Research Expertise and Interest

Racial politics, racial theory, racial stratification, racial and ethnic categories and the U.S. Census, racist and anti-racist social movements.

Research Description

Michael Omi is Associate Professor of Ethnic Studies and the Associate Director of the Haas Institute for a Fair and Inclusive Society (HIFIS) at the University of California, Berkeley.  He is the co-author of Racial Formation in the United States, a groundbreaking work that transformed how we understand the social and historical forces that give race its changing meaning over time and place.  Professor Omi’s research interests include racial theory and politics, racial/ethnic classification and the census, Asians Americans and racial stratification, and racist and anti-racist social movements. 

Since 1995, he has been the co-editor of the books series on Asian American History and Culture at Temple University Press.  From 1999 to 2008, he served as a member and chair of the Daniel E. Koshland Committee for Civic Unity at the San Francisco Foundation.  He is founding member of the faculty steering committee of the Center for New Racial Studies, a University of California Multi-Campus Research Project based at UC Santa Barbara.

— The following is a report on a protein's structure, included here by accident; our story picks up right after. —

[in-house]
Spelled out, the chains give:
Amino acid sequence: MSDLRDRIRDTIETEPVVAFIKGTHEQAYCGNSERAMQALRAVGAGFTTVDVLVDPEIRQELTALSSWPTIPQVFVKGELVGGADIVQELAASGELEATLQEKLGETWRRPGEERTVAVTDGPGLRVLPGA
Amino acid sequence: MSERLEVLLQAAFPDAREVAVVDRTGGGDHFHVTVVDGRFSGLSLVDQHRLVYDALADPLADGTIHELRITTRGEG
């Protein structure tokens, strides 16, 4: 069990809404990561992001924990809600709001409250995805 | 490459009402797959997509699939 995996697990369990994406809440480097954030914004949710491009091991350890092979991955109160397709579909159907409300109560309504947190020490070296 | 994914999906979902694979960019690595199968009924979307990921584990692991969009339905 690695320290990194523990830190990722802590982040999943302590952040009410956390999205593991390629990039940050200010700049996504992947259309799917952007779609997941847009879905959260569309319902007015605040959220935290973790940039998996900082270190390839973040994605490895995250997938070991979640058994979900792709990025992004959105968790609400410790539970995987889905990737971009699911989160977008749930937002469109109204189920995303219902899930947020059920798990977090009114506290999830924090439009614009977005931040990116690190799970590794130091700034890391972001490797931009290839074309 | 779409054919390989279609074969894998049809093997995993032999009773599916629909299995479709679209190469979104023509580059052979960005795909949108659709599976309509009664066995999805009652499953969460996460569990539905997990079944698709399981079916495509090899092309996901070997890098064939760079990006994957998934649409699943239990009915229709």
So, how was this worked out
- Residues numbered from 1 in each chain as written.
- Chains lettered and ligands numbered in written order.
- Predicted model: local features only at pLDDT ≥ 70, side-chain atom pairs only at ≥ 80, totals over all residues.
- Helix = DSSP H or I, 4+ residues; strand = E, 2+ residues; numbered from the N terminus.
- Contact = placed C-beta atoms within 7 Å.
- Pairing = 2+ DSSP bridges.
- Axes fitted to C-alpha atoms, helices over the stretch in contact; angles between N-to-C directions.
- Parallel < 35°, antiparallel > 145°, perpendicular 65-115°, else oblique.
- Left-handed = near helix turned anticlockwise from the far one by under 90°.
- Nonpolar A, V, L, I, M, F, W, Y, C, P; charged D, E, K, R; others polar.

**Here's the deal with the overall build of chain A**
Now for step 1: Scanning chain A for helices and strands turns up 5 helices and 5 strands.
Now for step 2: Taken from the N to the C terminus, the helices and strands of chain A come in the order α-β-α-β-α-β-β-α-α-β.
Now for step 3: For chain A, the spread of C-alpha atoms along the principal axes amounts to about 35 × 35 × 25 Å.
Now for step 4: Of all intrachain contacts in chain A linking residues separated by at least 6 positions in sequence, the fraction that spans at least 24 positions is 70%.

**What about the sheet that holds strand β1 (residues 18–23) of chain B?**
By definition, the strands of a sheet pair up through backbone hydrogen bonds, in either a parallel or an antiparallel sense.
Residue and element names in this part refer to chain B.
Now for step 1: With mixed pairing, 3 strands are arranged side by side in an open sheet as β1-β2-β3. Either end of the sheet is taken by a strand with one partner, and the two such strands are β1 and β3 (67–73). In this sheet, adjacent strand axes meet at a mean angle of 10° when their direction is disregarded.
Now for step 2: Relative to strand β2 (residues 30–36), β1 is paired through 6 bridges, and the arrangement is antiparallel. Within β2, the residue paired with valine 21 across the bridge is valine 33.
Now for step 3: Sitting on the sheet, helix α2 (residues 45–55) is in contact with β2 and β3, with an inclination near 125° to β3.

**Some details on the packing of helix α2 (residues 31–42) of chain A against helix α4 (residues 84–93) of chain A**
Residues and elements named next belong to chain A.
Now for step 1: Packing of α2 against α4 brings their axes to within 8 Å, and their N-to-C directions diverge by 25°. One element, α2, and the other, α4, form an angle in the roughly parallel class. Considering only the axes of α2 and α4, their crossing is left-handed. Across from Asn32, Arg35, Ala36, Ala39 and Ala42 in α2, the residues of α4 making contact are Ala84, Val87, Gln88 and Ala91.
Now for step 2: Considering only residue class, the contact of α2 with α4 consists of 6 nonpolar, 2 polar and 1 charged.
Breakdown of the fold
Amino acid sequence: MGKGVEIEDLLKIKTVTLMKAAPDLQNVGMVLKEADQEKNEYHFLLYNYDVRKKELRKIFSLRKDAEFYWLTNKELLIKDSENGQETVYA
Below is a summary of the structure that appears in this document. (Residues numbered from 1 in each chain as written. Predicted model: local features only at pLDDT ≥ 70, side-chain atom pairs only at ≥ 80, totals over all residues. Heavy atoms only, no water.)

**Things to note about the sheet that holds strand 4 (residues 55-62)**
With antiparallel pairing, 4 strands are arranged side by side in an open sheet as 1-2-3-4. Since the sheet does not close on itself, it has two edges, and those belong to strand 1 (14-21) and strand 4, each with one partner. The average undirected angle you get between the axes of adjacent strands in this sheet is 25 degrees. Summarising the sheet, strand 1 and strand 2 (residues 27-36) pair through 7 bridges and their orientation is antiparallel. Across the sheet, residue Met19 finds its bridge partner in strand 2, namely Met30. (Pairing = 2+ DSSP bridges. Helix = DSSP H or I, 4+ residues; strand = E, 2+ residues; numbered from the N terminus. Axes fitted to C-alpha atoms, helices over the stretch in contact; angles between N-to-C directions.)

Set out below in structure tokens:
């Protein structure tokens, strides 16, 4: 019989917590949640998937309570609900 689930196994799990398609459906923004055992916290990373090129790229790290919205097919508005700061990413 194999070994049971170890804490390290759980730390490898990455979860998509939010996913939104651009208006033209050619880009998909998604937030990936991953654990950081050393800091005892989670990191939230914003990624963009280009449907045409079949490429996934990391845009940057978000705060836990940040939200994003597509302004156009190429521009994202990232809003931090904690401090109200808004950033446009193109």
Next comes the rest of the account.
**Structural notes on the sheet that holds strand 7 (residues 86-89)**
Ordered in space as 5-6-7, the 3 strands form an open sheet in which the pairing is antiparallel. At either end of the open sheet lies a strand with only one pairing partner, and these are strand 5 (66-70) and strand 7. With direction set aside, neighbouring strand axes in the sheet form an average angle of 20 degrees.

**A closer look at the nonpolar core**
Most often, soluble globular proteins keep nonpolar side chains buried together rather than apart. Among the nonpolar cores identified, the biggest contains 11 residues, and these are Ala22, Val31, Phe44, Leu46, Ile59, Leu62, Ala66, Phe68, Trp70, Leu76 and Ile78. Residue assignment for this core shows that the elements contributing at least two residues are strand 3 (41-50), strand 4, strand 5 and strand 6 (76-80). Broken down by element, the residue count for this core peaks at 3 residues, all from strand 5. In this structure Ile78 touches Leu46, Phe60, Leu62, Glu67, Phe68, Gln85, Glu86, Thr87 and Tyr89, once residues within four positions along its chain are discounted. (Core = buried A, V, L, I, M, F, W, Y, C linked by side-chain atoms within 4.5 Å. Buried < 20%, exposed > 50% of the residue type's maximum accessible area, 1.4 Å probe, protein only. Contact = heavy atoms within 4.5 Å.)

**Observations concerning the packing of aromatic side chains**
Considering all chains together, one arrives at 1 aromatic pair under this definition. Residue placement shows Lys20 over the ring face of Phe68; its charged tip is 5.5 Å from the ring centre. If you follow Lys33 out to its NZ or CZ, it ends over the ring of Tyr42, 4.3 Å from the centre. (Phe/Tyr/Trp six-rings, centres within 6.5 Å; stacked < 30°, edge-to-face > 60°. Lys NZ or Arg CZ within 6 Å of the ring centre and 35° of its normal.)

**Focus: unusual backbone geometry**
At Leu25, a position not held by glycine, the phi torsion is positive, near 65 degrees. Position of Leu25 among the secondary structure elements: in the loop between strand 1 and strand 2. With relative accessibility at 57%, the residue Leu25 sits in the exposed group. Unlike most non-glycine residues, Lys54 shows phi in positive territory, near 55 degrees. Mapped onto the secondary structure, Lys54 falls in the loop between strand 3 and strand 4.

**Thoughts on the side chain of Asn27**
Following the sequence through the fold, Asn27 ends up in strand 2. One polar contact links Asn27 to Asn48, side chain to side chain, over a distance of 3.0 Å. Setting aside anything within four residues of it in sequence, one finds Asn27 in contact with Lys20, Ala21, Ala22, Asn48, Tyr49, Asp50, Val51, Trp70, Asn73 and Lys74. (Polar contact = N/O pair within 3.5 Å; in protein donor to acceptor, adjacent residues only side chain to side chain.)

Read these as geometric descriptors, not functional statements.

Michael Omi is a recipient of UC Berkeley's Distinguished Teaching Award --- an honor bestowed on only 240 Berkeley faculty members since the award's inception in 1959.





In the News

Michael Omi: How asking questions can lead to empowering others

As a child growing up in San Francisco’s Fillmore District, Michael Omi had a knack for chemistry. The way molecular structures are used to design new medicines fascinated him so much he wanted to be a pharmacist. But coming to UC Berkeley as an undergraduate student in 1969, Omi was thrust into a tumultuous time in American history, where street conflicts between student organizers and police were a daily occurrence, and blockades of National Guardsmen were commonplace on a campus rife with protests against the Vietnam War.

Race, the power of an Illusion: The house we live in

Generations of racism shaped the structures of the United States, working into the very DNA of our institutions and culture. Simply reforming the structures won’t do, a panel of experts said Friday, Oct. 9 at a UC Berkeley event. Instead, the experts urged, we must work to build a more just world. 
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